Awards & Accomplishments

LIS PhD Candidate Kim Martin will start a new position at the University of Guelph February 1, 2016. She has been awarded the prestigious Michael Ridley Postdoctoral Fellowship in Digital Humanities and she will work closely with Dr. Susan Brown. She will be cross-listed between the library and the school of arts, and will be teaching in the history department. Visit for more information on the fellowship.

Michael Schmalz, Media Studies PhD Candidate, successfully defended his dissertation, “Innovation in the North American Console Video Game Industry 2001-2013: A Critical Analysis,” on December 15, 2015.

Publications & Presentations

Several FIMS researchers presented at the ALISE (Association of Library and Information Science Education) annual conference held in Boston, Massachusetts January 4 – 8, 2016.

LIS PhD Candidate Claire Burrows presented several juried papers: the first with Associate Professor Heather Hill, “No Experience Required: Radical Changes in UK Public Libraries,” and two additional papers “How Accessible is Accessible? An Analysis of Academic Library Websites” and “Potential Applications of Disability Theory in LIS.” Prof. Hill also presented another paper with Dr. Jen Pecoskie, “Innovation: Information Professional Activities within the Fanfiction Community.”

LIS PhD Candidate Nicole Dalmer presented the paper: “Mind the Gap: Public Library Services for an Aging Population” and the poster, "Information as work: Mapping intersections of information work and eldercare."

FIMS post doc Keren Dali presented the following:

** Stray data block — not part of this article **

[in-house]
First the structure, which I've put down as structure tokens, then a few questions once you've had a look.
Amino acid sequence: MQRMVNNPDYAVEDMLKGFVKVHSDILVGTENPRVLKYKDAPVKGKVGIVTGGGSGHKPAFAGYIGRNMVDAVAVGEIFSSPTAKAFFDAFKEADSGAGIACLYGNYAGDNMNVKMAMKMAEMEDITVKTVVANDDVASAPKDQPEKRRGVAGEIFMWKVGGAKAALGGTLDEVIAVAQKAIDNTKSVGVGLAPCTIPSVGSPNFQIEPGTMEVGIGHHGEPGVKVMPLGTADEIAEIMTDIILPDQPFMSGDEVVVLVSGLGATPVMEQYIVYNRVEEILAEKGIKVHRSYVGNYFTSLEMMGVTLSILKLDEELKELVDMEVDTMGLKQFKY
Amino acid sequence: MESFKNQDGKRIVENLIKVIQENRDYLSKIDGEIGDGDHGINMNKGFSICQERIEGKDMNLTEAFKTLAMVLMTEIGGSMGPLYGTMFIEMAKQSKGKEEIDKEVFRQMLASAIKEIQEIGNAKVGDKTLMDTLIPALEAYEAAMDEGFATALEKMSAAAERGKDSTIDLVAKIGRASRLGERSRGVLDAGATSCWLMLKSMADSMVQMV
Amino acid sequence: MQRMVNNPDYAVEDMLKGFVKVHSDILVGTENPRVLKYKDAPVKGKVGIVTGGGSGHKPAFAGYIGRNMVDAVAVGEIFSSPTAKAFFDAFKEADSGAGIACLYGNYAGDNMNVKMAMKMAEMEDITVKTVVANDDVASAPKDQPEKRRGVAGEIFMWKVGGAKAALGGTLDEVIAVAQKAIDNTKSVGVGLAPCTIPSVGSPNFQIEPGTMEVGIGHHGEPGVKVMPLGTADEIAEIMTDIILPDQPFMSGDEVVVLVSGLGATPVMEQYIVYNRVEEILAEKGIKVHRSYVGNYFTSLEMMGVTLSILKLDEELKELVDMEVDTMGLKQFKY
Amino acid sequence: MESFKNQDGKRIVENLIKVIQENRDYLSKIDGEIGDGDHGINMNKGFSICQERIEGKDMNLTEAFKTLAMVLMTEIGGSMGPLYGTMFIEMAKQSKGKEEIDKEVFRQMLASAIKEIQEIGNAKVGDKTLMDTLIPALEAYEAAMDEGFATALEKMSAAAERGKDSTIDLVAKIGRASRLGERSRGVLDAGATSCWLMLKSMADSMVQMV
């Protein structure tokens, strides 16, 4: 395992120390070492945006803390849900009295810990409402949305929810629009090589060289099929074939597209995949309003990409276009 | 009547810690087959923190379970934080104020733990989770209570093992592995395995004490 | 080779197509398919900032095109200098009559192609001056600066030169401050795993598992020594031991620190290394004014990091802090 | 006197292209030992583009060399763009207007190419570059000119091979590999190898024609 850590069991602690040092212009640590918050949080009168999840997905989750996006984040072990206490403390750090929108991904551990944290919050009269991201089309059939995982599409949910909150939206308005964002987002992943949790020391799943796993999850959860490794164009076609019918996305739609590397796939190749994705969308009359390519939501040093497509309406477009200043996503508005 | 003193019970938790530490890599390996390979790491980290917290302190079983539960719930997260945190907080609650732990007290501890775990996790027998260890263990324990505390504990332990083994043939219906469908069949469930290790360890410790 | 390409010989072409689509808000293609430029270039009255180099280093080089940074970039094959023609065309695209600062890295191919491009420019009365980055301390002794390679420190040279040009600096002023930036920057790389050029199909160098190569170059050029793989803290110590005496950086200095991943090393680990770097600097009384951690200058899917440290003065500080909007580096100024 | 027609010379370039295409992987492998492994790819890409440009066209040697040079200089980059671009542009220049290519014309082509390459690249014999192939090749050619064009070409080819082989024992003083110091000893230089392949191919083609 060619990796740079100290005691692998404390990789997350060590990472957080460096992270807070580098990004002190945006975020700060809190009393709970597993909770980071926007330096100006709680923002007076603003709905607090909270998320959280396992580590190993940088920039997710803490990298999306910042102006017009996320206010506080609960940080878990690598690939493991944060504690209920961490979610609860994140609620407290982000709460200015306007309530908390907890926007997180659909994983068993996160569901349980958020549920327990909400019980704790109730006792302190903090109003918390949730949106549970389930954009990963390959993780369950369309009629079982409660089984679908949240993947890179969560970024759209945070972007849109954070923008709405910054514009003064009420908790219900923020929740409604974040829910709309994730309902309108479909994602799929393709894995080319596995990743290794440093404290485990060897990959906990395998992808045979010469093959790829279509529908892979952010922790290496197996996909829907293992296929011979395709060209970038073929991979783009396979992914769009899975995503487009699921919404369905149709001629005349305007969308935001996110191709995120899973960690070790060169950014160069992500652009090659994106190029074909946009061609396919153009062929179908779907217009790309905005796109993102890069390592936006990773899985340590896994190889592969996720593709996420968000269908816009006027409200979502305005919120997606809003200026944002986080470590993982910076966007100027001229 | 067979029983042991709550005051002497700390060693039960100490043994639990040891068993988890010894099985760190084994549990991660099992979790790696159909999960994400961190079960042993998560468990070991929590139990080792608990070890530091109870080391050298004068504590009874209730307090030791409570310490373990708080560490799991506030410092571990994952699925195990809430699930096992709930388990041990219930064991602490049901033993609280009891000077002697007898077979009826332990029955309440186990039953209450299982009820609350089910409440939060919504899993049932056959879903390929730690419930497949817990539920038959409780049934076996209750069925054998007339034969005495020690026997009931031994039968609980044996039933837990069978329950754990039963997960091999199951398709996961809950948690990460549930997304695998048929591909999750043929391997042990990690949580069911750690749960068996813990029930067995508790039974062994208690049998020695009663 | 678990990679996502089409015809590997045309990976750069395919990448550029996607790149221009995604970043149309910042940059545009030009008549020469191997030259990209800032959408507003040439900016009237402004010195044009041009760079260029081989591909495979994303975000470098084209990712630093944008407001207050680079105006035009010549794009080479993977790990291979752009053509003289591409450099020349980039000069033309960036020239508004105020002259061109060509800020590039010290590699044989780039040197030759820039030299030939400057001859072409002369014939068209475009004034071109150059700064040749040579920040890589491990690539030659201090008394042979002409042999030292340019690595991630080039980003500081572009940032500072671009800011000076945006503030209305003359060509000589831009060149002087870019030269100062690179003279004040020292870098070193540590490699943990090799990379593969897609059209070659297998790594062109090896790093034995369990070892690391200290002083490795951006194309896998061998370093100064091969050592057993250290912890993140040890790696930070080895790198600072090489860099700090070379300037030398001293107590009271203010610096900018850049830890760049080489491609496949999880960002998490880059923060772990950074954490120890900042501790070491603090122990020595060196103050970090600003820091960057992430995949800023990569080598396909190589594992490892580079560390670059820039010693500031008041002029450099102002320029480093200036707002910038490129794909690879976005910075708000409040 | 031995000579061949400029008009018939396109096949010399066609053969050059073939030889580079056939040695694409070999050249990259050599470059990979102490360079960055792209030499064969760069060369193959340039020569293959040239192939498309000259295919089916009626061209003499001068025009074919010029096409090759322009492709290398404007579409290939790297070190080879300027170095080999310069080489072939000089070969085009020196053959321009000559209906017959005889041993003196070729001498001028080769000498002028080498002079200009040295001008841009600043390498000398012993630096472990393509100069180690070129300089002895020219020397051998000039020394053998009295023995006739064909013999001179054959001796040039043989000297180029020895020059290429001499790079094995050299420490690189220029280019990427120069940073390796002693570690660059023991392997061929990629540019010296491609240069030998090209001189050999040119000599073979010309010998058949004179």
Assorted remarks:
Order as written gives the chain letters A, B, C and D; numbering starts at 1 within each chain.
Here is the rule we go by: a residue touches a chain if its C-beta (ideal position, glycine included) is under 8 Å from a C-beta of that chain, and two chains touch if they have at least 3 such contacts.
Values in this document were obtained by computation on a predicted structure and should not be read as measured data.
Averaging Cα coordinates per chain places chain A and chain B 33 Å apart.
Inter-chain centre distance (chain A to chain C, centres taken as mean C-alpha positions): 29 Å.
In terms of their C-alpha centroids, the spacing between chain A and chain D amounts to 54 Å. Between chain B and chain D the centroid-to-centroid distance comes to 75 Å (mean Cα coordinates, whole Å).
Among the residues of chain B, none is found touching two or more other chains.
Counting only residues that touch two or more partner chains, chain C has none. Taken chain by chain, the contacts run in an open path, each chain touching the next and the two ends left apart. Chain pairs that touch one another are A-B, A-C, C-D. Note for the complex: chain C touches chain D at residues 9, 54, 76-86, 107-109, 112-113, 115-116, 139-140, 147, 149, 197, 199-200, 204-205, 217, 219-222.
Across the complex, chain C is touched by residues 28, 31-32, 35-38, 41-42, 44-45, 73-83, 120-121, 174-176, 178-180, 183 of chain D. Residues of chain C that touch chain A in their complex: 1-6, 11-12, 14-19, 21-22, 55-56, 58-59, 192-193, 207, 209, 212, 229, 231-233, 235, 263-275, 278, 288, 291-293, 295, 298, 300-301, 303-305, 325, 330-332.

1. Dali, Keren. “LIS Professionals and Social Work: Facilitating the Change and Transition of Immigration” (paper presented at the 2016 ALISE Conference, Boston, MA, US.).

2. Dali, Keren and Rich Gazan. “Changing It Back for the Better: Expanding the Use of Oral Exams in LIS” (paper presented at the 2016 ALISE Conference; SIG for Innovative pedagogies, Boston, MA, USA.)

3. Caidi, Nadia and Keren Dali. “A Different Kind of Diversity: Ruminations on the (Un)attractiveness of LIS Programs to Culturally Diverse Students” (paper presented at the 2015 ALISE Conference, Boston, MA, USA).

LIS PhD Candidates Alexandre Fortier and Lisa Di Valentino presented “Enhancing Key Digital Literacy Skills in Library and Information Science Curricula: Report of a Knowledge Synthesis” (co-authored with Prof. Jacqueline Burkell and Prof. Sarah T. Roberts) at ALISE ’16 in Boston, January 6, 2016.

Associate Professor Catherine Johnson published the following:

Catherine A. Johnson (2015). Social capital and library and information science research: Definitional chaos or coherent research enterprise? Information Research 20 (4).  

Assistant Professor Douglas Mann published an article titled “In Defense of Board Games” on the cultural studies website PopMatters.

Assistant Professor Sarah T. Roberts co-authored a chapter published in the book “Emotions, Technology, and Design.” The chapter, “Through Google-Colored Glass(es): Design, Emotion, Class, and Wearables as Commodity and Control,” is available for download.

LIS PhD Candidate Nafiz Zaman Shuva published the following:

Audunson, R.A. & Shuva, N.Z. (2016). Digital library education in Europe: A Survey. SAGE Open, 6 (1), 1-17. doi: 10.1177/2158244015622538

Associate Professor Sharon Sliwinksi has published a chapbook titled “Mandela’s Dark Years: A Political Theory of Dreaming.” The chapbook is an excerpt of her forthcoming book “Dream Matters: Six Exercises in Political Thought.”